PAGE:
Police made a barrier around the protesters in the new space to prevent them from spilling out into the street.  We were standing here for a long time, until some of the protesters somehow pushed through the police line, and started marching in the street.  Before I really knew what was going on, I was swept up in the crowd, and found myself out on the street.

We marched towards Cheongyecheon, and eventually a protester told everyone to sit down in the street, since there were going to be speeches.  KF and I were right in front.  As I looked around at the protesters, I was amazed by the age diversity of the crowd.  It definitely wasn’t just college kids.  There were people from twelve to eighty years old, pretty evenly distributed.  I also noticed at this point that I was definitely the only foreigner around.

Most of the speeches were about how the FTA was designed to favor US interests, and about how Lee Myung-Bak was a coward.  One girl who looked like she was probably in middle school gave a speech, saying that her government had sold out her future.

An old man walked through the crowd towards the speeches, and everyone cleared the way for him so that he could sit in front.  He was clearly very respected by the protesters.  KF told me that he was Baek Gi-Wan, a famous politician.  He had run for President a while ago, but he was too far to the left to be taken seriously by most Koreans.


Here is a shaky video I took during one of the speeches.  At the beginning, you can hear people chanting for Lee Myung-Bak to resign, and then booing when the police tell the crowd to disperse.


So, it is worth considering: what exactly are the protesters angry about?

Many Koreans think that a Free Trade Agreement with the US isn’t an inherently bad idea, but that there were a few fatal flaws with this deal.  The deal was rushed through the Assembly by the conservative ruling party, the Grand National Party, a few days before the vote was actually scheduled to occur (which is why the opposition politician tried to disrupt it with tear gas).  It was technically within their rights to have this rush vote, since they have enough of a majority in the assembly, but to many Koreans it came across as rash, imprudent, and immature.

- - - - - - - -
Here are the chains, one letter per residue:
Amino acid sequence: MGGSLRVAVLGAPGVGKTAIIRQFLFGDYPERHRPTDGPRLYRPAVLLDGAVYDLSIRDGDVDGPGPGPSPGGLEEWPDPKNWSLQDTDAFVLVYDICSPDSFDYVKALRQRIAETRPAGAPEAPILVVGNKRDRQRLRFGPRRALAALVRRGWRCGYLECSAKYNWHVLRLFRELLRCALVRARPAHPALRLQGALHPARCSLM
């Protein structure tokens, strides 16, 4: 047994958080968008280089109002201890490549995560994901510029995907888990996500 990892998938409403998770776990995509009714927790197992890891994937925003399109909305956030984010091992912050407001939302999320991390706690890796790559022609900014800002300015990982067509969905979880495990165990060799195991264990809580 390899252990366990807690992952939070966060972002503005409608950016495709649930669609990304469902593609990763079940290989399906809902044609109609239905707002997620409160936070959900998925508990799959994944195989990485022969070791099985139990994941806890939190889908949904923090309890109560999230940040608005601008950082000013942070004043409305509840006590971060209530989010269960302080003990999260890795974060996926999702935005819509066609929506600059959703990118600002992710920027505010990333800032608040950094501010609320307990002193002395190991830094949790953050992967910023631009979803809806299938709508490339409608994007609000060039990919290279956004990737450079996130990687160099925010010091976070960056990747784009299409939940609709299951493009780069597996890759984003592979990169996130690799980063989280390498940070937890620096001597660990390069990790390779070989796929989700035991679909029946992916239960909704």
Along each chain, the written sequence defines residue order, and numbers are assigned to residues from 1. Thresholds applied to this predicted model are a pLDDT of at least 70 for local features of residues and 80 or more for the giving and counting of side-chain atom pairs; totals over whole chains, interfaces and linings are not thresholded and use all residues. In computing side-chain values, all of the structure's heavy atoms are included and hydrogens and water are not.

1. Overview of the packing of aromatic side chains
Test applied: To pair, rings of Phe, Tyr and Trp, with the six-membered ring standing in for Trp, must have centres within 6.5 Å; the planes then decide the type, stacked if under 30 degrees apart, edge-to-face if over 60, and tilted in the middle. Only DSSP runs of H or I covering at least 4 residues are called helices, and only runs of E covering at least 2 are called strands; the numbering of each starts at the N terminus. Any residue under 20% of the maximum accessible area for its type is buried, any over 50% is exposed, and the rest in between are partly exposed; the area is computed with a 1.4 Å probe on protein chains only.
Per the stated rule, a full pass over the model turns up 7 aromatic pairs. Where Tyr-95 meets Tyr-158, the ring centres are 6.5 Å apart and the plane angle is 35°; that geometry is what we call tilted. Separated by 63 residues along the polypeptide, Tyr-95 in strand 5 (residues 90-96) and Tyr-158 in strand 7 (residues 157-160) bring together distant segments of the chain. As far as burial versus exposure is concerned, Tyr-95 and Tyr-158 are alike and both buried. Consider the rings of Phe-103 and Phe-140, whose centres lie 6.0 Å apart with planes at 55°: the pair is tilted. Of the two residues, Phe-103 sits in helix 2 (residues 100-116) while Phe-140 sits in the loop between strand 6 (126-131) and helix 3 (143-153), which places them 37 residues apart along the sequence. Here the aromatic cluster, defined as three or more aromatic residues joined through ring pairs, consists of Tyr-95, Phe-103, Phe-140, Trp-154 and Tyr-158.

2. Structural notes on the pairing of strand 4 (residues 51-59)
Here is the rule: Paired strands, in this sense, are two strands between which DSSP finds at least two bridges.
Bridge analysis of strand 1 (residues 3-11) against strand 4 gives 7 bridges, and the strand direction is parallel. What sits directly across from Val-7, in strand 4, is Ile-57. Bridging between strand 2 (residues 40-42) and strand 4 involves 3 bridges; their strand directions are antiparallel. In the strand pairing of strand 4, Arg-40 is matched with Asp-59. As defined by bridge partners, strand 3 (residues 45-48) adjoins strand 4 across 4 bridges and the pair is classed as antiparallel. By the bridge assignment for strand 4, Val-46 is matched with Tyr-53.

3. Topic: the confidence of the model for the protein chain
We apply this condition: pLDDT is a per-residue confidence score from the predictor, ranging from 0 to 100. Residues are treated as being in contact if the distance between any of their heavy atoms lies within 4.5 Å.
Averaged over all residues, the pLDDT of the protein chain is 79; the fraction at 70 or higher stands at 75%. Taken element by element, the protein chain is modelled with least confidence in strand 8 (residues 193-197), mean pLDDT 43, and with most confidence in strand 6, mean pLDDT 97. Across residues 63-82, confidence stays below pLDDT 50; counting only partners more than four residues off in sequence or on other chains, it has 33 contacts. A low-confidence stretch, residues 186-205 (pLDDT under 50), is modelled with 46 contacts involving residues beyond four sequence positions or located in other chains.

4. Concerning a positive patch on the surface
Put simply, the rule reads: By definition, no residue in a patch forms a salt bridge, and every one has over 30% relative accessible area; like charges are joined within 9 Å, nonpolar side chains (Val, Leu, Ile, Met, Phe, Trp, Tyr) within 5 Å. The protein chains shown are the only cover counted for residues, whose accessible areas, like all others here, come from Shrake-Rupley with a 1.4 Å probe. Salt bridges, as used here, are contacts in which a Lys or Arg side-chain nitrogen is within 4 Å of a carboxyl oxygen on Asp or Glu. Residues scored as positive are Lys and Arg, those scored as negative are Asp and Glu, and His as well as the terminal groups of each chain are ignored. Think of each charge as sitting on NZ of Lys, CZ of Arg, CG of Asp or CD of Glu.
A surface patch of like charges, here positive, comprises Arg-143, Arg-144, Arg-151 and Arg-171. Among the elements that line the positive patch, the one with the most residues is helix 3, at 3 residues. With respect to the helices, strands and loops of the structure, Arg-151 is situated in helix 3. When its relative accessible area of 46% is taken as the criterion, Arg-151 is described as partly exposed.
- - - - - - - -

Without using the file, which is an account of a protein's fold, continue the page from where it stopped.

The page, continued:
The protesters also think that the KORUS FTA favors the US heavily.  This FTA has been worked on for the past few years, and the protesters said that Lee Myung-Bak caved on pretty much every contentious issue.  The most important one being the Investor-State Dispute settlement clause, which gives US investors considerable power in deciding Korean policy when dealing with a business operating in Korea that Americans have invested money in.  People think that the Korean government should have fought to eliminate this clause from the agreement, since weakens Korean national sovereignty.

Also, many of the protesters are concerned for the livlihoods of Korean farmers, since most of them will now be dealing with the unprecedented competition of cheaper US food imports.  Many people also fear that small business owners would not be able to survive the changes under the FTA.  KF says that Korea is being reshaped to suit the interests of US investors, which would eventually lead to small business owners being unable to compete with larger businesses backed by US investors.

There is another protest scheduled for next Saturday.  It should be interesting to observe the effects of these protests over the next few weeks.  Already, a group of judges have come out in opposition to the FTA, saying that it is invalid because it infringes on Korea’s judicial sovereignty due to the ISD clause.